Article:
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Assessment of Programs in Space Biology and Medicine 1991 9 Conclusions As pointed out in the Goldberg Strategy, space biology and medicine is in the earliest stage of discipline development. Relatively few experiments have been flown; most have not been part of a larger research strategy; and few have been well controlled or replicated. Nevertheless, 25 years of observations carried out in space leave little doubt that the microgravity of space results in significant alterations not only in the physiology of organisms but also in the function of individual cells. Some of these changes are potentially life-threatening. Hence, a major concern of research in space biology and medicine is to guarantee the health and safety of the humans who undertake missions in space. The health and safety issue requires some clinical research that ideally should be conducted in ground-based laboratories as well as in the microgravity environment of space. However, most of the required research could be classified as basic. Instead of developing protocols to treat or mask the various biological changes that occur during spaceflight, a short-term expedient, the CSBM feels strongly that the basic mechanisms underlying microgravity-induced changes must be understood. Studies of the basic mechanisms underlying overt clinical changes seen in spaceflight should have the first priority in any relevant research strategy. The preceding chapters illustrate that NASA has made an effort to implement parts of the research strategies provided by the Space Studies Board. However, progress has been painfully slow, and it appears that considerable hope remains for a "quick fix." This hoped for success seems doomed to failure. To succeed, both the increase in funding and the marshalling of expertise will have to be exceptional, in amount and alacrity. Most of the Goldberg Strategy, as well as recommendations from other reports, remains valid and awaits implementation. What is required is a commitment to a long-term, sustained effort to understand the nature of the effects of microgravity on living processes at several levels. There have been and remain two major limitations to implementation of the research strategies previously published. The first is an adequate

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commitment of resources to space biology and medical research. The proportion of the life sciences budget that has been dedicated to research has been less than the support necessary to support a single moderate-sized department in a major research-oriented university. In view of the enormous breadth of basic and clinical research that must be carried out in the life sciences to ensure the future of human presence in space, the lack of a serious commitment to the life sciences program is not commensurate with agency plans for future human space exploration. If the nation and NASA are committed to a program of human exploration, a substantial infusion of funds is a prerequisite for success. Part of the funds should be used to enhance ground-based research, not only in areas concerned with human physiology, but especially in research areas concerned with human behavior. A concerted national effort in these areas will require not only NASA participation but also that of other major federal agencies concerned with biological research. However, even if a considerable infusion of funds into the space biology and medicine program were to occur, it is not clear that NASA has or should have the personnel or facilities to take full advantage of these additional funds. Thus the committee's recommendation that NASA initiate increased interaction with other federal agencies concerned with research in basic biology and medicine becomes paramount. Specifically, the Committee on Space Biology and Medicine suggests that the Nation direct the relevant federal agencies (i.e., NIH, NSF, USDA) to encourage investigators to undertake ground-based research programs concerned with the major research topics related to the health and welfare of humans in space. This includes research topics not only in human physiology and behavior but also more basic research in areas such as developmental biology and the ability of plants to grow and reproduce in a microgravity environment. NASA could play a primary role in designing and implementing experiments that confirm and enhance models derived from the ground-based basic research. The second major impediment to progress has been the lack of access to space. This is an obvious and generic problem common to all the space research disciplines. It must be emphasized that since 1985, no space missions have been flown that were dedicated to research in space biology and medicine, and relatively few are planned prior to the projected completion of Space Station. Considering that the discipline was in its infancy at the time the Goldberg Strategy was published, it is likely to remain so until the Space Station becomes fully functional. In this sense, the provision of more research space on Shuttle flights and the utilization of retrievable satellites for basic research in space biology and medicine (LifeSat) are imperatives in the interim until construction of Space Station Freedom is completed. Related to this, maximizing the design and utility of the Space Station for research in space biology and medicine should receive highest priority. Specifically, there should be a dedicated life sciences laboratory on space station (not shared with other disciplines) and research on space biology and medicine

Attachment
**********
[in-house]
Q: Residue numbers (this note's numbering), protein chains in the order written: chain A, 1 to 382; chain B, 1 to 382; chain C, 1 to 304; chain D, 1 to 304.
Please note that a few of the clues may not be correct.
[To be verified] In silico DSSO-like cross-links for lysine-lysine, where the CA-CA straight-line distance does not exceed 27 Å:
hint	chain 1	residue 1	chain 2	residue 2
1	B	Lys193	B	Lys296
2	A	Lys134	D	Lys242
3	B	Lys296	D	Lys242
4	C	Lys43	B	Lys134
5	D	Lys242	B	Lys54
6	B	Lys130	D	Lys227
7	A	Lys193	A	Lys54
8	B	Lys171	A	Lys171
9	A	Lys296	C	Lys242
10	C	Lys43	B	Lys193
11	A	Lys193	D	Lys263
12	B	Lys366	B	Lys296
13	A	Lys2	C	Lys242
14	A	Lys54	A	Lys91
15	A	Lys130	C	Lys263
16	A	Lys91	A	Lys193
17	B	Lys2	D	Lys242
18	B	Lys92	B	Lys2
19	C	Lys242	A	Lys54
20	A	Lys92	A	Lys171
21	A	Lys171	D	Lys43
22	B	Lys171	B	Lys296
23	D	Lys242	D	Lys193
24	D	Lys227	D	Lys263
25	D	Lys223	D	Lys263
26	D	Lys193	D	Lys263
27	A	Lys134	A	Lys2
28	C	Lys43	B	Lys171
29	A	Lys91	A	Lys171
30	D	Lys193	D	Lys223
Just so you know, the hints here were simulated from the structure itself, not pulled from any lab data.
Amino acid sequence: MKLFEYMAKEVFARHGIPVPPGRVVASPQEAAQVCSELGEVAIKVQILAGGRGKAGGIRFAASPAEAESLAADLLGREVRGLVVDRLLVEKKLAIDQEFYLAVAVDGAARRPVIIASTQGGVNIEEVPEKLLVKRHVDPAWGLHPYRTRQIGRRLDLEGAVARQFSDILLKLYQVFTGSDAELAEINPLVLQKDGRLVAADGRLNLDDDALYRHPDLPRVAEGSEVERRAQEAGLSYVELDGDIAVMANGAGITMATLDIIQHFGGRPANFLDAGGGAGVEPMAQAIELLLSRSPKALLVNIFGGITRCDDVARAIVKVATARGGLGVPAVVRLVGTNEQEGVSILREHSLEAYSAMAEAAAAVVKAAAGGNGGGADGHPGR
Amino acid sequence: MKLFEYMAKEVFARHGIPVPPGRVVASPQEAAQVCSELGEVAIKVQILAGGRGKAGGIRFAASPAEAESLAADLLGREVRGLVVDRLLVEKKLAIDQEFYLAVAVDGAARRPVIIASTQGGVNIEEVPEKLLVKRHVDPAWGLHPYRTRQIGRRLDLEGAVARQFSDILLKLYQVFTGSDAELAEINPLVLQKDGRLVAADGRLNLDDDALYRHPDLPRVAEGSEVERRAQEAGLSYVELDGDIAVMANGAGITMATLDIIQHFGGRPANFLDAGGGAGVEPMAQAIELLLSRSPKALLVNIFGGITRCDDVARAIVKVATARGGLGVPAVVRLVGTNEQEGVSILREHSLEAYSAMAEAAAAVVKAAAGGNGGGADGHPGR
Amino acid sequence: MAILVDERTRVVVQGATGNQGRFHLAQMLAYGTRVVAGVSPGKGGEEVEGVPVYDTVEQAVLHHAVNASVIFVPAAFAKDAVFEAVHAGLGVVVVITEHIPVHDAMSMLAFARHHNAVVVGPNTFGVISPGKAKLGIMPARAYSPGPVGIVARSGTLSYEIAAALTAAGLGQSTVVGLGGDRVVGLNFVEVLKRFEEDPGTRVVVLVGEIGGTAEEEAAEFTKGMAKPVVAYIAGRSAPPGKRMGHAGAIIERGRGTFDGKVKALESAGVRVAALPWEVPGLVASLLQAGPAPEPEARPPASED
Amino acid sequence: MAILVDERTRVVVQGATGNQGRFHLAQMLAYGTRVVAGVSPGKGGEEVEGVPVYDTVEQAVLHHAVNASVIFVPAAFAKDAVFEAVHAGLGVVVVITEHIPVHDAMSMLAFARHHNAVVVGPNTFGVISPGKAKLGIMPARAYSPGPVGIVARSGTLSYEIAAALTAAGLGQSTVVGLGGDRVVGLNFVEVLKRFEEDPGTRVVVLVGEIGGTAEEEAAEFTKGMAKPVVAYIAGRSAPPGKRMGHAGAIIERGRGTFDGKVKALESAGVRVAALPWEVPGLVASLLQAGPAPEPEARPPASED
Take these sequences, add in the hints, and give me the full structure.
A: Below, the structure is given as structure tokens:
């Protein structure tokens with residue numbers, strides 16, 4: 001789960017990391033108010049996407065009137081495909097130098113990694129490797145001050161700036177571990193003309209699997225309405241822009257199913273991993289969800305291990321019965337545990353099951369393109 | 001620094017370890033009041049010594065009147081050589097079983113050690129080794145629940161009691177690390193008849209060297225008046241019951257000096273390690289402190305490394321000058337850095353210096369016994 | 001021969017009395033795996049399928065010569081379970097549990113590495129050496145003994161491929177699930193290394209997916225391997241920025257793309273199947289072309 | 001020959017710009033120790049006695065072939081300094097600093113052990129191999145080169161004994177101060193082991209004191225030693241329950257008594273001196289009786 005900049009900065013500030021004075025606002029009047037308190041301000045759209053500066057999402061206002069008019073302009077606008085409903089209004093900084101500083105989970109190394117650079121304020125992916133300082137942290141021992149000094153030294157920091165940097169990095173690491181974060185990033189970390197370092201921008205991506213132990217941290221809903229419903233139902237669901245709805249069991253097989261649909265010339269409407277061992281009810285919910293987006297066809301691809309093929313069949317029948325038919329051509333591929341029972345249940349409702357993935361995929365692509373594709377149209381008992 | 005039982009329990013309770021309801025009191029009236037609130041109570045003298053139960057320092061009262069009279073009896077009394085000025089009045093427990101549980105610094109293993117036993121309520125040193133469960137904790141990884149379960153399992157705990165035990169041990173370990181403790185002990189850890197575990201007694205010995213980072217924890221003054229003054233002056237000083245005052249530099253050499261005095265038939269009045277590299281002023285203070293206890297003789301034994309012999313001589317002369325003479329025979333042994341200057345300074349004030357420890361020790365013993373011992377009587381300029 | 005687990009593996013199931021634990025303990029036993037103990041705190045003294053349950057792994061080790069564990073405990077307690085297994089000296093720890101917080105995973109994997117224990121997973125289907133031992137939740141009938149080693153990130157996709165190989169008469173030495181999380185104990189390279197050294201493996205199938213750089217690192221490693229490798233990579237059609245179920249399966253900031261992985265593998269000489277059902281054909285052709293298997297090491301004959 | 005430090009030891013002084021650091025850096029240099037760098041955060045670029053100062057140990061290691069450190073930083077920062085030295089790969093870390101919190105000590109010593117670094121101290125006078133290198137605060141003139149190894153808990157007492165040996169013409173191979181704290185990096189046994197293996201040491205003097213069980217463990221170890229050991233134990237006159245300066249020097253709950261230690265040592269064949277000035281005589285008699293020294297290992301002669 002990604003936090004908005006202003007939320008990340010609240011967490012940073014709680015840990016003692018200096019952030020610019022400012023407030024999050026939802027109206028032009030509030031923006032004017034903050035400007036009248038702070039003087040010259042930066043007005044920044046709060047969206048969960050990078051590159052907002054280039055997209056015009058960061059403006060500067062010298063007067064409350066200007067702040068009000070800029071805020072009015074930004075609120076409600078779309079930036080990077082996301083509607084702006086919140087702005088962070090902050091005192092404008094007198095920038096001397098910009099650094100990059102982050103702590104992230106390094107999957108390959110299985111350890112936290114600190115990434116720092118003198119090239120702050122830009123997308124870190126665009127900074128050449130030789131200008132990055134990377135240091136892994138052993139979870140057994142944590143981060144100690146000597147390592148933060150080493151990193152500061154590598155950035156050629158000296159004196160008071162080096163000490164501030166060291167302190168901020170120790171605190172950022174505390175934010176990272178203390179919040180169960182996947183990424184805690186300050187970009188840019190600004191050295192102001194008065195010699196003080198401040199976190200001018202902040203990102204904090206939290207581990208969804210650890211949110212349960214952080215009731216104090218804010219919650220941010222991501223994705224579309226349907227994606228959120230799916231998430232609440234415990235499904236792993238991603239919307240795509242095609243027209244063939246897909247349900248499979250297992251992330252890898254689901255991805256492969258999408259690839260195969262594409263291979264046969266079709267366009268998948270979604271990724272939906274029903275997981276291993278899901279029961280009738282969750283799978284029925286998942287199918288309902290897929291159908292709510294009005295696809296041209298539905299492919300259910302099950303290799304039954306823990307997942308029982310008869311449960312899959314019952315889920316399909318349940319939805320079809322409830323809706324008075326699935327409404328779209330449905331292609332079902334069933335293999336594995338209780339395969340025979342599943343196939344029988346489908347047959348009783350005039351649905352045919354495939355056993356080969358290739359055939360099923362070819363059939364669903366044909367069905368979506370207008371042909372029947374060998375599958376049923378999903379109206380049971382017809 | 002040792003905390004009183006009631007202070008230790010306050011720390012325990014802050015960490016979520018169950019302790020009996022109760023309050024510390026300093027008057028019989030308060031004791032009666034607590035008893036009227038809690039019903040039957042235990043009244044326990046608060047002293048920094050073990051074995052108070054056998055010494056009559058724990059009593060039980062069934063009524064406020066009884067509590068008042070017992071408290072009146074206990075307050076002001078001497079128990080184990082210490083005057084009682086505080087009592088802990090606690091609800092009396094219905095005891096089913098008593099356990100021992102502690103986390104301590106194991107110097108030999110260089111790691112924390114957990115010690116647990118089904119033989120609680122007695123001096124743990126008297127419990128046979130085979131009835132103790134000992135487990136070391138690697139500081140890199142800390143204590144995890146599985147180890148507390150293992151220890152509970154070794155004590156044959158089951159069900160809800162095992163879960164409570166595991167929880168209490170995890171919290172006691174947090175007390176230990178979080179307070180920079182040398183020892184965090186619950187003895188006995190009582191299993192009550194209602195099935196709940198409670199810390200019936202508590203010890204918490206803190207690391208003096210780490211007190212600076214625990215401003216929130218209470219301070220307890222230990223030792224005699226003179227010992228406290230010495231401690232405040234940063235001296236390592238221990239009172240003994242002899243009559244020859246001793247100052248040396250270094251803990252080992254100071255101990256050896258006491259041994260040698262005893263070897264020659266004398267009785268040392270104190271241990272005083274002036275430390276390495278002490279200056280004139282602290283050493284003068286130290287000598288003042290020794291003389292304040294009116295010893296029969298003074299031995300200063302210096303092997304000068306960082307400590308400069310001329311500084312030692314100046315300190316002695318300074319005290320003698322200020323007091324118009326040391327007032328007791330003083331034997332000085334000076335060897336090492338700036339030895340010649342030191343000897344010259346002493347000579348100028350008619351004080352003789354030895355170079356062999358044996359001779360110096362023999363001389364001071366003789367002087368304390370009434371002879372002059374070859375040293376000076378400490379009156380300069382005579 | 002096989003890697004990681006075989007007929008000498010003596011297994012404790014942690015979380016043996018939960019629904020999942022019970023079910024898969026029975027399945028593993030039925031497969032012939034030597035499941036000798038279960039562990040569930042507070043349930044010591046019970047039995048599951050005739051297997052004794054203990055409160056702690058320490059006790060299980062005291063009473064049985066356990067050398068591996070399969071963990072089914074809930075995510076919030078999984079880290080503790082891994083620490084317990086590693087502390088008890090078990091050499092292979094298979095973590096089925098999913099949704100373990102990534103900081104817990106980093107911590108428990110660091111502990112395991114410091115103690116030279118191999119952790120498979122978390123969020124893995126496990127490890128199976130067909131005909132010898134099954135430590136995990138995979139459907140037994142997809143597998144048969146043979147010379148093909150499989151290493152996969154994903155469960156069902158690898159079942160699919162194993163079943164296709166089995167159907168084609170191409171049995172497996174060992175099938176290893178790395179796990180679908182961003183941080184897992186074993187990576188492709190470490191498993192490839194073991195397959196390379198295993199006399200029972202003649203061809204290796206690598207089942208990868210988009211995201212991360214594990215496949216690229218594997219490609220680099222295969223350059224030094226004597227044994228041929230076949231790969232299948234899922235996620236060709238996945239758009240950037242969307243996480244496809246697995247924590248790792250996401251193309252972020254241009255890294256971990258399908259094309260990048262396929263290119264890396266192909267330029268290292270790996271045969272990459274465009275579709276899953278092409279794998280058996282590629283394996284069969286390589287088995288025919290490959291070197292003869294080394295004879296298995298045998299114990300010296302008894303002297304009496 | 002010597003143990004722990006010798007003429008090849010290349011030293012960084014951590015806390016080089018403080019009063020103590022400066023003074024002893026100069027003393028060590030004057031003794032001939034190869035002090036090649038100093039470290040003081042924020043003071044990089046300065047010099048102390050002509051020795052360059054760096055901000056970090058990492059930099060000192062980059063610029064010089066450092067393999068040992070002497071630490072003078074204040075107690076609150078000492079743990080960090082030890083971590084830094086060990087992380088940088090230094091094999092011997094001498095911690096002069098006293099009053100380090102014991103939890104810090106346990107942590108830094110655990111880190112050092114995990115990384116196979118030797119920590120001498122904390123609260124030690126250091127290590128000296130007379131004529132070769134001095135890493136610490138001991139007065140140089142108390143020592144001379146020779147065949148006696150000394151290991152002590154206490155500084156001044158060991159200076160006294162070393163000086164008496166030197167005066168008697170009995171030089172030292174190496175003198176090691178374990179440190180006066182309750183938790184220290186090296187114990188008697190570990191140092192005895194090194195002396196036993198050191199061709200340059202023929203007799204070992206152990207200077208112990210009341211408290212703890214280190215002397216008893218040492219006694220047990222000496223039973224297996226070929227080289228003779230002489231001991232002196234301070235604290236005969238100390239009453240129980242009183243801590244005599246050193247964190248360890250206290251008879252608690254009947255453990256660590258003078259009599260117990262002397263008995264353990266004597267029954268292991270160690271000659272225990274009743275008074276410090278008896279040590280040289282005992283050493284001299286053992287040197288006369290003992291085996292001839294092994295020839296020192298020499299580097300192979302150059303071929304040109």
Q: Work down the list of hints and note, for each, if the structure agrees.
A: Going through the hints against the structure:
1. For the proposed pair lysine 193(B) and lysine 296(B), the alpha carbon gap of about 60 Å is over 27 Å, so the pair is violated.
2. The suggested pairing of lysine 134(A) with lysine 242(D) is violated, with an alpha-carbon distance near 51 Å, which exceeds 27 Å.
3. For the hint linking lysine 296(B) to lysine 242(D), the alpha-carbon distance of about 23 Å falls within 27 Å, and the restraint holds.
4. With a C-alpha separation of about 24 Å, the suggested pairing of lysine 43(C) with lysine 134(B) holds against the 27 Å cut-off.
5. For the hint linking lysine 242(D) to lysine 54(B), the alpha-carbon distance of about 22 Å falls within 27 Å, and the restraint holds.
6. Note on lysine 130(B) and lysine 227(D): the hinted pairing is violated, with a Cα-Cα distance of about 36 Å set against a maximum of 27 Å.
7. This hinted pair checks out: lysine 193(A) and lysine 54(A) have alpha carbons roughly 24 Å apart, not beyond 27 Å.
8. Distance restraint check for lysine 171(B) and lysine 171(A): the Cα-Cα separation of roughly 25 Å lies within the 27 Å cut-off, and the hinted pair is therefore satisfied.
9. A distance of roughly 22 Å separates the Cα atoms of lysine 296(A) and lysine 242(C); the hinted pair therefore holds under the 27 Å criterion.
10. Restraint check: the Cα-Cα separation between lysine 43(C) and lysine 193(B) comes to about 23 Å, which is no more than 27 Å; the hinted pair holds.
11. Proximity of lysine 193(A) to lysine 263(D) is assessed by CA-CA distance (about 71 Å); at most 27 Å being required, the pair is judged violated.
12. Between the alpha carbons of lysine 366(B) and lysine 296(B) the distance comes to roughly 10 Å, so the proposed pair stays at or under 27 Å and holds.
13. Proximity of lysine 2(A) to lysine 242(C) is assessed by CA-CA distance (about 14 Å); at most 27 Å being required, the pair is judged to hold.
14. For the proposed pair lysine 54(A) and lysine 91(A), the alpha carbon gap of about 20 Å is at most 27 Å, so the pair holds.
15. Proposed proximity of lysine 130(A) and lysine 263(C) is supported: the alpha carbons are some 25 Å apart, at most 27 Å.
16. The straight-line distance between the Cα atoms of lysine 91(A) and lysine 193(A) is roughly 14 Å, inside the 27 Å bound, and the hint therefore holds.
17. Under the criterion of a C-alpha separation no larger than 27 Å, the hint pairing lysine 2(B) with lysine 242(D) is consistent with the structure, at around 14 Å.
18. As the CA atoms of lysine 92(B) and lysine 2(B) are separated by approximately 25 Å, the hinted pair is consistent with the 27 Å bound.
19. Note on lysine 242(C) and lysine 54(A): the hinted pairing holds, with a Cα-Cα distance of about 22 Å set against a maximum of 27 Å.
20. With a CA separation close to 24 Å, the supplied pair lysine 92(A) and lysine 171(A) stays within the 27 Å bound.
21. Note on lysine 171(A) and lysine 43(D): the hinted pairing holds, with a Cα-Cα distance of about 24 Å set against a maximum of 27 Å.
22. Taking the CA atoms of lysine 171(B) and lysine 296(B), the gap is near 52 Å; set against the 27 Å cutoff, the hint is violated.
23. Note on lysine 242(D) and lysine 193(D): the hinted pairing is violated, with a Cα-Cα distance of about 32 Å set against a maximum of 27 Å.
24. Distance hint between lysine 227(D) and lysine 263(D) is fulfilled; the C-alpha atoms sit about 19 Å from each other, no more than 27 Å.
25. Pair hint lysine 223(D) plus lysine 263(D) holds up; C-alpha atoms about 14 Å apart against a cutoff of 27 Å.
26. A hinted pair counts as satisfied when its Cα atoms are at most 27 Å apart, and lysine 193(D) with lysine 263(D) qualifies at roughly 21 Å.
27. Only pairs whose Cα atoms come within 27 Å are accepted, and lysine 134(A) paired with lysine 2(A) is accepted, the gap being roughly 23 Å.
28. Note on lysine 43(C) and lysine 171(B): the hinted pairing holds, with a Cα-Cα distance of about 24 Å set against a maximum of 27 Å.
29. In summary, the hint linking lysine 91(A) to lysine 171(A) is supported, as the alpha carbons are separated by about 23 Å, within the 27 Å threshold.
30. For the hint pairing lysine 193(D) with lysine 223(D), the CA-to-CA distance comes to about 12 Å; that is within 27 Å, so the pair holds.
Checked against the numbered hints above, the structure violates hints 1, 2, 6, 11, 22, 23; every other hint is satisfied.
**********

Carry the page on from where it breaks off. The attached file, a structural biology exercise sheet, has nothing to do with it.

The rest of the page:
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of the space station should be divided into 3- to 6-month blocks with each block devoted to a single research area, e.g., bone and muscle physiology. The latter recommendation is especially important. As discussed in previous sections, research in space biology and medicine is empirical. Scientists in ground-based laboratories design experiments that are frequently modified as results are obtained and new technologies develop. This flexibility is particularly pertinent when one considers that most experiments in the queue for flight in the 1990s were designed in the late 1970s. Current technical approaches employing the most recent and rapid advances in molecular biology were almost nonexistent at that time. Simple observations related to the rhythms of biological changes were also less clear at that time, e.g., hormone levels change as a function of the time of day. Yet, studies manifested on an upcoming Shuttle mission (SLS1) will investigate hormonal changes in blood samples taken at a single time point. (See Chapter 4, section on circadian rhythms, and Chapter 3, section on cardiovascular hormones and stress, for a further discussion of this issue.) These kinds of problems can be circumvented with a dedicated block of time in a dedicated research facility in which constant and rapid change in experimental design can be accomplished. The final point of major concern to the CSBM is the acquisition, handling, and dispersal of data obtained from both ground-based and space research. To date there is no centralized data base on results from previous experiments, nor do there appear to be plans to create one. Thus, the current data base, albeit meager, is not readily available to investigators who might wish to design new experiments. The result of this deficiency is to severely restrict access to the research program in space biology and medicine. At the minimum, existing data should be summarized in peer-reviewed journals readily available to any investigator who wishes to initiate a research program in space biology and medicine. As was mentioned in Chapter 2 regarding data management, the CSBM has been informed that plans and discussions are under way at NASA to establish a data and flight specimen archive following the SLS-1 mission. The committee encourages NASA to do so and to solicit continuing input and advice from this and other committees as the system becomes more well defined. Ultimately, progress toward implementation of the research strategies in space biology and medicine will require a complete .reassessment of the approaches currently in place not only within NASA but by the nation. Otherwise, as stressed in the Goldberg Strategy, "based on what we know today, the assumption of continued success of missions involving the sustained presence of humans in space for months to years at a time cannot be rigorously defended."